Multidisciplinary artist Katelena Hernandez Cowles was one of 24 local artists who participated last fall in Artist INC Live Austin, a unique eight-week training program that addresses the specific career needs and challenges of artists. Her performance piece Comfort Station received a 2014-2015 Austin Critics Table Award nomination for Work of Art: Independent or Public Project and she participated in the exhibition Gently Fried, curated by Los Outsiders, which received the 2014-2015 honors for Group Gallery Exhibition.
Applications for the 2015 session of Artist INC Live are open through July 6, 2015 at austintexas.gov/artistincatx.
The Cultural Arts Division’s Administrative & Marketing Assistant Calder Kamin interviewed Katelena for this blog.
Calder Kamin: Please describe your art practice, including current projects you are working on and where people can find out more about your art.
Katelena Hernandez Cowles: I am a multidisciplinary artist whose work fuses performance, sculpture, installation, vocal music, interpersonal interaction, and social activism to explore comfort-giving, and the issues and economies surrounding it. My work is highly variable, but always affectionate. My recent work ranges from Little Lamb, a grassy hill that sings the iconic William Blake poem as a lullaby when one lies on it; to Treatsuit, a gleaming, zippered gift-giving jumpsuit; to Comfort Station, a pop-up emotional day spa with bedtime rituals, full-attention sessions, and an array of blankets and wearable sugar soothers; and Whatever Lola, which merges hero worship, Latina film goddesses, karaoke, and a 12-foot-high mechanized metal sculpture to explore stereotypes and personal transformation. Images of these pieces and more information about my body of work can be found at my website, katelenahernandez.net.
CK: What were the most valuable things you got out of Artist INC?
KHC: I was very proud to be chosen and to participate in Artist INC. Spending time with artists across disciplines proved to me that we are all facing similar battles in finding space and funding to create new work, audiences to experience it, and publicity and documentation to make it better known; as well as ways to manage our crazy schedules, accounting, and legal needs (some of which we didn't realize we needed until we got there!). I have gained so much energy from sharing stories and ideas with some of the most talented and accomplished artists in Austin. The links l've made with the other participants are my most valuable booty from the program: already in the last year I've collaborated with four of my classmates on new projects, gotten recommendations for assistance, grant programs, and advisors I'd never have known about from several more, and am brainstorming future projects with another three. The program's encouragement to use social media and mailing lists in new ways, I think, had something to do with my being nominated this year for the first time for an Austin Critics' Table award, which was very exciting.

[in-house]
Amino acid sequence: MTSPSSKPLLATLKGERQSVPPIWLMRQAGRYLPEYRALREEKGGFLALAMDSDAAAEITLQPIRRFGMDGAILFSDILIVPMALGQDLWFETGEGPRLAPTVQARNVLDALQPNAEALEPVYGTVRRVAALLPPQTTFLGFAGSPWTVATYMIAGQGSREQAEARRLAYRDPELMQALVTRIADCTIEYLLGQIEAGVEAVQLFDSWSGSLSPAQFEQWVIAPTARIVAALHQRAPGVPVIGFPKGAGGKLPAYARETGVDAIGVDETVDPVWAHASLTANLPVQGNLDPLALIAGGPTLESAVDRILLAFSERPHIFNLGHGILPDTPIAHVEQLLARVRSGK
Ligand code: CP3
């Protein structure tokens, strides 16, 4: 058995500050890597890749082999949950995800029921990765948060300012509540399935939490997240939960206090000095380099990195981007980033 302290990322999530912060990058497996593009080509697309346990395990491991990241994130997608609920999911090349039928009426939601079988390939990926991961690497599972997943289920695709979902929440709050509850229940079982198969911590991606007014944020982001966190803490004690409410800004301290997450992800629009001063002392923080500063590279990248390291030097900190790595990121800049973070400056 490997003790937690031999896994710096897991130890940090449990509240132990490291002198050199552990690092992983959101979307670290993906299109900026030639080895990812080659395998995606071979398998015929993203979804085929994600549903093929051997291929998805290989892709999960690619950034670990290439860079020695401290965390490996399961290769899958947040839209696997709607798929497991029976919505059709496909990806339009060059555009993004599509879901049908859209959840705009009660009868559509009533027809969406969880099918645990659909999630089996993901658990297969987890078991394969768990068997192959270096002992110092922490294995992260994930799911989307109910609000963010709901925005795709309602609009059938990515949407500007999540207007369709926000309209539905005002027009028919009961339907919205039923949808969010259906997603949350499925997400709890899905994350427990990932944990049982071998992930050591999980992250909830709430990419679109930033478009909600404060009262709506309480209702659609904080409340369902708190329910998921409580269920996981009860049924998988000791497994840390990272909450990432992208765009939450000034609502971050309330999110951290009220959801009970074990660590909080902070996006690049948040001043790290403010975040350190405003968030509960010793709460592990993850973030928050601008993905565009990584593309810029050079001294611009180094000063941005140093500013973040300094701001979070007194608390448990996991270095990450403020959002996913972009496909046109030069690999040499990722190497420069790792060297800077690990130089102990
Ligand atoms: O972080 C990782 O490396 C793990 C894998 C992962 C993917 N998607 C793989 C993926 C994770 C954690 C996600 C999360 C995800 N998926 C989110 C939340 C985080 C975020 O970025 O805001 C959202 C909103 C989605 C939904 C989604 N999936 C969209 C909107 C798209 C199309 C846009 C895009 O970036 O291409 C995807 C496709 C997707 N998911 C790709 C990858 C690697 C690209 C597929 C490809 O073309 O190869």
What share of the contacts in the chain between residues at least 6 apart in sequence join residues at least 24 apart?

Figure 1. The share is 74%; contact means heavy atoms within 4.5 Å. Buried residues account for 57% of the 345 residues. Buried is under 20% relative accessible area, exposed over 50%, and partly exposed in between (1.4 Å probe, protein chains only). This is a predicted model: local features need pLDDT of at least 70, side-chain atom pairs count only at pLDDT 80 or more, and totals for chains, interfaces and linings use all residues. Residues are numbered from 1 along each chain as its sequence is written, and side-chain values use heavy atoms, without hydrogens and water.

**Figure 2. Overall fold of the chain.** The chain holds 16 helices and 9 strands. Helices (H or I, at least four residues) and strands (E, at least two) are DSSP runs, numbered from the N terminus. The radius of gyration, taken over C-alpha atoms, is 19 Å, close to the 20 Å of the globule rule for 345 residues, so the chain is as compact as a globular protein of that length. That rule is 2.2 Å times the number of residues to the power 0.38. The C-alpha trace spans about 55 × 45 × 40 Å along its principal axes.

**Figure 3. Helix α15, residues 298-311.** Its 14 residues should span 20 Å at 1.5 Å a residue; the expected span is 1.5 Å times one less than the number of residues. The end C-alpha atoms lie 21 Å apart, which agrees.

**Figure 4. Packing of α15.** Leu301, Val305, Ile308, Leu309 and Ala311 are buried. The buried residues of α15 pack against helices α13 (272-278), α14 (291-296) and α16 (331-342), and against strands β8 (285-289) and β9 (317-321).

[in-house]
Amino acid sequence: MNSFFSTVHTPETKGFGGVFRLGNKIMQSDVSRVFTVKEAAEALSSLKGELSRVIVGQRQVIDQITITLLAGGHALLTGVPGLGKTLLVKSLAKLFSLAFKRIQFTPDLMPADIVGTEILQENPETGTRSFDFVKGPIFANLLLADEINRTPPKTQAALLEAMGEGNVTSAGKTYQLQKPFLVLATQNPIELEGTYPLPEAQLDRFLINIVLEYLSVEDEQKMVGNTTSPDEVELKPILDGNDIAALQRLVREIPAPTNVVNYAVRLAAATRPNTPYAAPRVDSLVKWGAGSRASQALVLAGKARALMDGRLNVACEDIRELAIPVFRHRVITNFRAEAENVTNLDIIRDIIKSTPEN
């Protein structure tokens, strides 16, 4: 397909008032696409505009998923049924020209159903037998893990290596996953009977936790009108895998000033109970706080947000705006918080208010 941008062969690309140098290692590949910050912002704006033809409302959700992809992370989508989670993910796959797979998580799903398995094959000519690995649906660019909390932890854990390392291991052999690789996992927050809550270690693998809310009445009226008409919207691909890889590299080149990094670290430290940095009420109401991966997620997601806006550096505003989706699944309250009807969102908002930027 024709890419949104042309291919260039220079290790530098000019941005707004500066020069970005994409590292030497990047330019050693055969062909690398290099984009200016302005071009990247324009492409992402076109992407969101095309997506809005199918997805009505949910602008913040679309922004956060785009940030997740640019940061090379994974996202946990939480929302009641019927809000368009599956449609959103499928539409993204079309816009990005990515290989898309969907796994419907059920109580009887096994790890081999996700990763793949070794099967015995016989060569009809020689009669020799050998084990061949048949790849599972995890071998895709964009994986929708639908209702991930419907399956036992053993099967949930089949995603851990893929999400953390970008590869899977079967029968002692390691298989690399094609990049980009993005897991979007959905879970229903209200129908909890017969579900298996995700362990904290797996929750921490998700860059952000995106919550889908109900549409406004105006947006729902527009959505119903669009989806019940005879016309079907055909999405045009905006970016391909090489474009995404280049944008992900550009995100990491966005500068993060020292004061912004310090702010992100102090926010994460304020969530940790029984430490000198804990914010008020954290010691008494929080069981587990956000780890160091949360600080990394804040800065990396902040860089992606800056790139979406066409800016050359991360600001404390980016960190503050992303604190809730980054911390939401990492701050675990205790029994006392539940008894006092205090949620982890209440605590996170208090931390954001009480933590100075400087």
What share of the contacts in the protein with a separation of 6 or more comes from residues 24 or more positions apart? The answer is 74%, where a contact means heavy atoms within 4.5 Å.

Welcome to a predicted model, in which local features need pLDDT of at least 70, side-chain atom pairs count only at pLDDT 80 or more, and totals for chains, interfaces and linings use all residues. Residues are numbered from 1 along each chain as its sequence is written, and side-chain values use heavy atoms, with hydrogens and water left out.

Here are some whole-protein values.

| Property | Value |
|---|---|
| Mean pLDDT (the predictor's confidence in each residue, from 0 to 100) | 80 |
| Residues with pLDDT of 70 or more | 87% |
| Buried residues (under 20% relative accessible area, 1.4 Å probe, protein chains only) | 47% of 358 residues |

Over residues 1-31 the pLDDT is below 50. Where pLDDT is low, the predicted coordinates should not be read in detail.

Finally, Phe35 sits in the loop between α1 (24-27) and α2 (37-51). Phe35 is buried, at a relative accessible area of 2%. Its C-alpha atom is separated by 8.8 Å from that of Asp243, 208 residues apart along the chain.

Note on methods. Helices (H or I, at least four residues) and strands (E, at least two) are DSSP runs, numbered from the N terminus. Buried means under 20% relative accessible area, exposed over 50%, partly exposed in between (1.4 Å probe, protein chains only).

CK: Why would you encourage other artists to apply for the program?
KHC: While it is a serious time commitment, for me, it was very much worth it. It gave me new ideas - and more than anything, reassurance that while making art is a hard business, it can be managed with creativity, organization, hard work, collaboration, and a lot of shameless self-promotion. I recommend it highly to anyone ready to take the next step in their career, anxious to connect to the wider world of Austin arts, or wanting some rejuvenation in a more settled art career.
Comfort Station, 2014
Whatever Lola, 2013
All photos courtesy the artist.